The untold truth of Oscar Pistorius

In 2012, Oscar Pistorius seemed to be on top of the world. The famed South African runner had competed in the 2012 summer Olympic games in London, making him the first paralympic runner to ever cross over and compete in non-disabled Olympics, according to Biography. Just after completing his events there, he won gold at London's 2012 Summer Paralympics.

He had captured the world's attention with his athletic achievements, gaining worldwide fame and receiving $2 million in sponsorship deals following the games. His seemingly unending rise to the top came to an abrupt halt on the morning of February 14, 2013.

Pistorius had been born to a middle class family in Johannesburg, South Africa on November 22, 1986. At birth, he was diagnosed with fibular hemimelia, an absence of the calf bone, in both of his legs. At just 11 months old, his parents made the difficult decision to amputate his lower legs and have him fitted with prosthetics, rather than risk confining him to a wheelchair for the rest of his life, per Wired. He took his first steps on prosthetics, and by the time he entered school, he was already more active and athletic than most. He competed in water polo and rugby, and took up running at the age of 16 after suffering a knee injury while playing rugby. Doctors suggested that sprinting might help with his rehabilitation, according to the BBC, and it turned out that Pistorius was an exceptionally gifted runner as well.

A fatal shooting

He began achieving almost immediate success in races around South Africa, and soon began competing in paralympic running events. According to Biography, just eight months after he began running competitively, he took home the gold in the 200-meter race at the 2004 Athens Olympics.

But Pistorius didn't stop there. He continued on to the 2008 Summer Paralympic Games, earning himself the nickname "blade runner" along the way. He aspired to compete in the non-disabled Olympic Games that year as well. He failed to qualify for the 2008 Summer Olympics in Beijing by the deadline, so he set his sights on the 2012 London Olympics. In the spring of that year, reports Biography, he qualified for the 400-meter race. While there were some criticisms about his leaving the realm of paralympic competition, Pistorius didn't see any reason he shouldn't be able to compete in both: "I am not a Paralympic athlete, nor an Olympic athlete. I am simply an athlete and sprinter," quotes the BBC. It seemed the public agreed, and after his 2012 events, he was an almost universally admired athlete and beloved inspiration to many.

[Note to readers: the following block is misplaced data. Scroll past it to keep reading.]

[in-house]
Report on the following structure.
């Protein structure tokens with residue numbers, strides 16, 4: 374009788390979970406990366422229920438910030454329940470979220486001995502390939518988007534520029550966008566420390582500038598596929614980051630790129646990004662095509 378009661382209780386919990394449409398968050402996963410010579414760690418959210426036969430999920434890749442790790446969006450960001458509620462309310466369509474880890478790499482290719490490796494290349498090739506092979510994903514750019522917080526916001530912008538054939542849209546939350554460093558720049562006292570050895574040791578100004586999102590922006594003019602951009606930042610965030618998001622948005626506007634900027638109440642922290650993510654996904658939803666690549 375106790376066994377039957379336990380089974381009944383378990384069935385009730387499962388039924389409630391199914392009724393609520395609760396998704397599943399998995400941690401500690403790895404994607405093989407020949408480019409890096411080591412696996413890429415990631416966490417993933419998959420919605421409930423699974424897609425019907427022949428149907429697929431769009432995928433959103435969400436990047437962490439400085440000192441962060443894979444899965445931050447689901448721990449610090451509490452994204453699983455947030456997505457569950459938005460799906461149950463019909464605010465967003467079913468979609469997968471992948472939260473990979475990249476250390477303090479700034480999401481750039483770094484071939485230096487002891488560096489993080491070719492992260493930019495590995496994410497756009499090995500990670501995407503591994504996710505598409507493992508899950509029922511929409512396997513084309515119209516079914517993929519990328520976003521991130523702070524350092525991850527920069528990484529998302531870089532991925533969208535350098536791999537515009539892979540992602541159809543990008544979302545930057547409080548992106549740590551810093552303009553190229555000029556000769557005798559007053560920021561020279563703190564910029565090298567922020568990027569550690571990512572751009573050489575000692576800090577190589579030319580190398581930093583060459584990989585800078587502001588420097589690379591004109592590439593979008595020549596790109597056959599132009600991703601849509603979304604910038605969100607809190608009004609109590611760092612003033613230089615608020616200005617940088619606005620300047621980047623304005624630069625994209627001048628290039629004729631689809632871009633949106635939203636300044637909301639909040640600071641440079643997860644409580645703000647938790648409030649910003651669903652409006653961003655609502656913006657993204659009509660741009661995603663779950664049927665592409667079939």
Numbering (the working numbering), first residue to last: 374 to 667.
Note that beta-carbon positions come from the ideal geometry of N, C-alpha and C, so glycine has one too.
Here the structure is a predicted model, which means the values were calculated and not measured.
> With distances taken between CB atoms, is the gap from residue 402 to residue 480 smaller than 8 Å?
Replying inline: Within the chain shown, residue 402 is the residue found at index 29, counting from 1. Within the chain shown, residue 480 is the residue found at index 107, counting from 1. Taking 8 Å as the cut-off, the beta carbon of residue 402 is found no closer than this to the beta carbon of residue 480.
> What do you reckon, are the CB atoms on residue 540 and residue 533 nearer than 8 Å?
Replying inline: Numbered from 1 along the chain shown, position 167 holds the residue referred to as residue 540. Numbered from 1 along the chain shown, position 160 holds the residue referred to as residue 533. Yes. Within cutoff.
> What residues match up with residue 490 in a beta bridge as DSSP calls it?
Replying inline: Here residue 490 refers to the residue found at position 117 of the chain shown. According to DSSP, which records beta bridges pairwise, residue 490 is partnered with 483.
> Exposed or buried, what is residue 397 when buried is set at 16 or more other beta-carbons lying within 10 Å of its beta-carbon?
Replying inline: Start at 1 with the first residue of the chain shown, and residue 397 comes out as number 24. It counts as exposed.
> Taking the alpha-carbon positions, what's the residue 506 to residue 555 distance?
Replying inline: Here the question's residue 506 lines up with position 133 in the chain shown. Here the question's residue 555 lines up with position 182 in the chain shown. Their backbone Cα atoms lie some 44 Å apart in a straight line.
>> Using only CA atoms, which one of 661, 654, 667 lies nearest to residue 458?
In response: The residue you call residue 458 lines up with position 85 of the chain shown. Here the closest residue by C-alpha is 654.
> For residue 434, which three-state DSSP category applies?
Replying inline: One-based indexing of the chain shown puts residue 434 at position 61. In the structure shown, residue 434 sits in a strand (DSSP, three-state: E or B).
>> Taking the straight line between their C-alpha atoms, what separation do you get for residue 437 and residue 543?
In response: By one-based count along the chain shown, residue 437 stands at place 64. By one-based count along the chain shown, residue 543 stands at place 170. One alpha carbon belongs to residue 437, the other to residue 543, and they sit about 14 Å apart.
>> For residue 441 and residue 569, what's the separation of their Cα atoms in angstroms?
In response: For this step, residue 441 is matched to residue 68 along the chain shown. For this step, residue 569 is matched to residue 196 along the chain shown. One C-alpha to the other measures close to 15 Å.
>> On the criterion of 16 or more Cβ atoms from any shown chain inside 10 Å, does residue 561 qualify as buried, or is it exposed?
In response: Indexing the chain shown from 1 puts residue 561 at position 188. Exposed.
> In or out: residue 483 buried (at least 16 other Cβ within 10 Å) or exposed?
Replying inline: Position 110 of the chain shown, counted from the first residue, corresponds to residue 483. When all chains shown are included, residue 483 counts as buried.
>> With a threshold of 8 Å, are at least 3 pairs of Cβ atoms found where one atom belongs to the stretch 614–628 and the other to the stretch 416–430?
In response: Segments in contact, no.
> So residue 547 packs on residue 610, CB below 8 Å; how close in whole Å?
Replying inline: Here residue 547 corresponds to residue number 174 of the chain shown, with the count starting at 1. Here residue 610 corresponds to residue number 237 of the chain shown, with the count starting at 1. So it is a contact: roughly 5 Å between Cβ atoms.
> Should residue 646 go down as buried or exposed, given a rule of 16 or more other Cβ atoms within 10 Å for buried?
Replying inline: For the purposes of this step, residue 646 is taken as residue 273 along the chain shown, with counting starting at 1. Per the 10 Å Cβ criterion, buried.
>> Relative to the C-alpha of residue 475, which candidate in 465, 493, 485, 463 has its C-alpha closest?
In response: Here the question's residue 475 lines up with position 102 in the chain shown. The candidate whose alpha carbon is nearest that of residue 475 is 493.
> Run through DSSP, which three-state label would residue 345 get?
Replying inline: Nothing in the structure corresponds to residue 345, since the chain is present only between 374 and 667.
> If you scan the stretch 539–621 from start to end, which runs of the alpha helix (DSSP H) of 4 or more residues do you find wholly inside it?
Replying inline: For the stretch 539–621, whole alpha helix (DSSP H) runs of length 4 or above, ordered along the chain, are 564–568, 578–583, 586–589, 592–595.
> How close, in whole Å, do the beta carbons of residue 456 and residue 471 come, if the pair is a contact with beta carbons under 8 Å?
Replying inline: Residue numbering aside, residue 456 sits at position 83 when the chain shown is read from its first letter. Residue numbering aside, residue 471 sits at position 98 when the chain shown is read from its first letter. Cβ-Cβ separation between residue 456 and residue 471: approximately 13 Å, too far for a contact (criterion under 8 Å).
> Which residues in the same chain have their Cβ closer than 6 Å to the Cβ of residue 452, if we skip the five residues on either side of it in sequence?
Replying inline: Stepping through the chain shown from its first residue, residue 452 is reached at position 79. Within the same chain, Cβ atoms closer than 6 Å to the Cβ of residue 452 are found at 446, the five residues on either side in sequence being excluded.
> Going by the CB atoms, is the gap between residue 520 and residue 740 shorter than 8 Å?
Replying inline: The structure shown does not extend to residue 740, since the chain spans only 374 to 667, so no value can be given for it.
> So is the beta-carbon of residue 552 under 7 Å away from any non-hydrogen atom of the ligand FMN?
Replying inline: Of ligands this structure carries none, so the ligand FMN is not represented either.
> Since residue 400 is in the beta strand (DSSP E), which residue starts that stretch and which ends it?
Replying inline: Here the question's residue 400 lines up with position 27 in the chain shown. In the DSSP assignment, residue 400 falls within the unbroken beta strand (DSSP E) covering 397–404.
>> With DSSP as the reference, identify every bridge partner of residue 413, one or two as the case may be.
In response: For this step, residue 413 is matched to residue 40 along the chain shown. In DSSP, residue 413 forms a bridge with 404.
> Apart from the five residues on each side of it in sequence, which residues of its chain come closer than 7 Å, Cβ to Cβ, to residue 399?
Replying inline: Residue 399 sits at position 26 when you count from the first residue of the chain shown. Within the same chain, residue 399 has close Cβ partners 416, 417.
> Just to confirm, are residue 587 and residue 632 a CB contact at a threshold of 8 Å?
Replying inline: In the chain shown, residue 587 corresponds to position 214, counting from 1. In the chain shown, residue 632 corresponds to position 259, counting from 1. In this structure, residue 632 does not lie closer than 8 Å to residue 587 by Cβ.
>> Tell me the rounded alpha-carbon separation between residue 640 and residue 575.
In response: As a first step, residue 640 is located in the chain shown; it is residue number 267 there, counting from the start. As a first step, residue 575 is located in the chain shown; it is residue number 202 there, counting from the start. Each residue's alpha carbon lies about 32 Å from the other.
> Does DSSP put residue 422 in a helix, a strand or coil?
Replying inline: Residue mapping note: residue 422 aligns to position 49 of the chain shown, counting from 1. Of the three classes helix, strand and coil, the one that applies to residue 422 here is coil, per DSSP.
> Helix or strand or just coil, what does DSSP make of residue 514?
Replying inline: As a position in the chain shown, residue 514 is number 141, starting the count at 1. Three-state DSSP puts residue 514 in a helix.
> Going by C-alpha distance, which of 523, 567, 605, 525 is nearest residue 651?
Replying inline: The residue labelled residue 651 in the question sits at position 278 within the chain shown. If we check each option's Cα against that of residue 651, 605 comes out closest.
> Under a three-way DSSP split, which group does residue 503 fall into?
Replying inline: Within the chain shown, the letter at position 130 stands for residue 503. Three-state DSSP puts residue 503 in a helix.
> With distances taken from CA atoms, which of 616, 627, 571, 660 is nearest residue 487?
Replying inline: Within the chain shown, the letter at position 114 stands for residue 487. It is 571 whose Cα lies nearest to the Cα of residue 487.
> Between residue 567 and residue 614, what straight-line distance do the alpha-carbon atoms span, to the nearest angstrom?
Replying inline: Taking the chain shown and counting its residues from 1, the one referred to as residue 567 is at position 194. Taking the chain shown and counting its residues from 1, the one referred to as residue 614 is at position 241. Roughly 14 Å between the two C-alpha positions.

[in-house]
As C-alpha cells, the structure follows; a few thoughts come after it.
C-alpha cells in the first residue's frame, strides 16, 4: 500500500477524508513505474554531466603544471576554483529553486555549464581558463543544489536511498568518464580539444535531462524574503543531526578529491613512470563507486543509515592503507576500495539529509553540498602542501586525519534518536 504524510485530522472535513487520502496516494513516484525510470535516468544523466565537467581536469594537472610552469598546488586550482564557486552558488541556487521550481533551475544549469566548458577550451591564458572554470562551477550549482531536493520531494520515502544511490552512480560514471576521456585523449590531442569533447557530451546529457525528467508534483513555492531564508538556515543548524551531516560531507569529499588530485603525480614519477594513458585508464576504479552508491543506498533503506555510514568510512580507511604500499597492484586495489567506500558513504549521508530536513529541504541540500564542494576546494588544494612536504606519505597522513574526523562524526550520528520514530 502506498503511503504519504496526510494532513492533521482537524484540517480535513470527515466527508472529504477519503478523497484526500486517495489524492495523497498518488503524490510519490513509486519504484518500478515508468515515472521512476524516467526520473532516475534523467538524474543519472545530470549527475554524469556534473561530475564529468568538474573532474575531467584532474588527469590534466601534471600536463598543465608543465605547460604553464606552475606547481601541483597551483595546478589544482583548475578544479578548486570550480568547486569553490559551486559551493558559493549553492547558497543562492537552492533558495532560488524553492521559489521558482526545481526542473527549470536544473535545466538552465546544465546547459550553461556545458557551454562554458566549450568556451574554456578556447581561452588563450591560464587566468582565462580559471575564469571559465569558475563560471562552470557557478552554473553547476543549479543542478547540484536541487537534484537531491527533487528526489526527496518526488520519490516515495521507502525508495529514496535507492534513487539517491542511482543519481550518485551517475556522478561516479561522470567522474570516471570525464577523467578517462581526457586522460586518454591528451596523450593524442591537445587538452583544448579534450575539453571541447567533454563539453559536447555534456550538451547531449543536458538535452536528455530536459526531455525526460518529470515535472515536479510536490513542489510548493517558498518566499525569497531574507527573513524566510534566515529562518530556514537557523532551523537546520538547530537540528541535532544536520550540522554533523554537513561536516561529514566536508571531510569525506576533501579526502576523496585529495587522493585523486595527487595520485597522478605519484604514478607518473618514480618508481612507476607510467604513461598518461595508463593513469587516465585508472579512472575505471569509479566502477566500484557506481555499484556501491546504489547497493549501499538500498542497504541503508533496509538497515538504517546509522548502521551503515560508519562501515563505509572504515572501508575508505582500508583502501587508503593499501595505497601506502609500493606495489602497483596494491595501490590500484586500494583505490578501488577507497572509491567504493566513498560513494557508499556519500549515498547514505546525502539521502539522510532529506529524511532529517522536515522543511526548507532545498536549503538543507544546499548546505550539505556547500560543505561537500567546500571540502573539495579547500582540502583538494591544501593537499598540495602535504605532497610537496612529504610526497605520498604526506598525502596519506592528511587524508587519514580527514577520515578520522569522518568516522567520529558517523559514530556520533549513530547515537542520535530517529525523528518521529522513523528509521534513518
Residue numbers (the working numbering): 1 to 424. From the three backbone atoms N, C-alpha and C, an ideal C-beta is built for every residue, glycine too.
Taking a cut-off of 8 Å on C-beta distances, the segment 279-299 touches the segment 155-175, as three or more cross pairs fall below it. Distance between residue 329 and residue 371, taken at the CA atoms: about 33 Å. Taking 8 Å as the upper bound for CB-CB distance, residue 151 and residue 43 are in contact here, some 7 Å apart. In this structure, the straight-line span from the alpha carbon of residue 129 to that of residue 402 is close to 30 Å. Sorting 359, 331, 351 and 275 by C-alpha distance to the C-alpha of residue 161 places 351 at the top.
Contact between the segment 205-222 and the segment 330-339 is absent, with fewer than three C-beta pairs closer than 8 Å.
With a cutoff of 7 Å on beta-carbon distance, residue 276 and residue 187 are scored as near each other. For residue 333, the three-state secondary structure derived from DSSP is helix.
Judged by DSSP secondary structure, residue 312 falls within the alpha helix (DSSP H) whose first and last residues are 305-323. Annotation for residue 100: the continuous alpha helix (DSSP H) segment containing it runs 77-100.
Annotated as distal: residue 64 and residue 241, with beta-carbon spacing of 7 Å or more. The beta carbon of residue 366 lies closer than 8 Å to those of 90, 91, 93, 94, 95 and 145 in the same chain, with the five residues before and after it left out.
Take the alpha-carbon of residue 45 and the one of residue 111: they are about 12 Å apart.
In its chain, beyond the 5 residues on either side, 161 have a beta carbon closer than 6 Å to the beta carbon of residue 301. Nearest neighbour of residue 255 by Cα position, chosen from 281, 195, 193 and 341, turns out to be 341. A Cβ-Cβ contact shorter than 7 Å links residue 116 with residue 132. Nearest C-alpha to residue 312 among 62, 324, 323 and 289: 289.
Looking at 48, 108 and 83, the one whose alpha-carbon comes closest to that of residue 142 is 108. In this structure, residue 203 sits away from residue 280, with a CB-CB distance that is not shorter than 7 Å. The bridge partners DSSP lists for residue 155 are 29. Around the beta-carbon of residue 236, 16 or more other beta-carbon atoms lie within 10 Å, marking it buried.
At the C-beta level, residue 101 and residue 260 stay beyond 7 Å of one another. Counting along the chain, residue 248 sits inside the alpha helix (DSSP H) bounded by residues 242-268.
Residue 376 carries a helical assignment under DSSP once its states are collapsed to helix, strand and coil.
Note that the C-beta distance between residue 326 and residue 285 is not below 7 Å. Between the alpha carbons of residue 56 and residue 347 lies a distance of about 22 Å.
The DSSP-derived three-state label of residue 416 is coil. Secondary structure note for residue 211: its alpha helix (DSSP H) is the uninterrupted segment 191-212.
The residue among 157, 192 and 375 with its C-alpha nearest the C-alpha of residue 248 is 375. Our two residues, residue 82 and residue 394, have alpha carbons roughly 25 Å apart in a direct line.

Less than one year later, however, his life began to unravel. Pistorius was arrested on the morning of Valentine's Day 2013 after his girlfriend, the model Reeva Steenkamp, was killed in their home. Police arrived after Pistorius shot Steenkamp four times through the bathroom door. He didn't deny shooting her, but claimed her death was a tragic mistake.

Pistorius received a 13-year sentence

According to Pistorius, he believed Steenkamp was still in bed, and the noises he heard through the bathroom door were coming from someone who had broken into his home. He claimed he had fired his weapon in self-defense.Although the story sounded shaky to many, it initially seemed the public, and the justice system, were inclined to side with him. When the trial began on March 3, 2014, it seemed likely that he would receive a light sentence. During the trial, however, details around Pistorius's past began to come out. A psychological evaluation revealed he did not suffer from a generalized anxiety disorder, which he claimed had influenced his panicked reaction to the supposed home invader. It was also revealed that this was not Pistorius's first time being accused of violence against women. According to Vanity Fair, he had been arrested for assault in 2009.

After a six-month trial, Pistorius was found guilty of culpable homicide and reckless endangerment, and received an eight-year maximum sentence, according to Oxygen. He served less than a year before being permitted an early release. Prosecutors opposed his shockingly light sentence, and appealed the verdict in 2015. The appeals court overturned the culpable homicide conviction in November 2015, and instead found him guilty of first-degree murder.

The courts ultimately increased Pistorius's sentence to 13 years for the murder of Reeva Steenkamp. He remains in prison, and will become eligible for parole in 2023.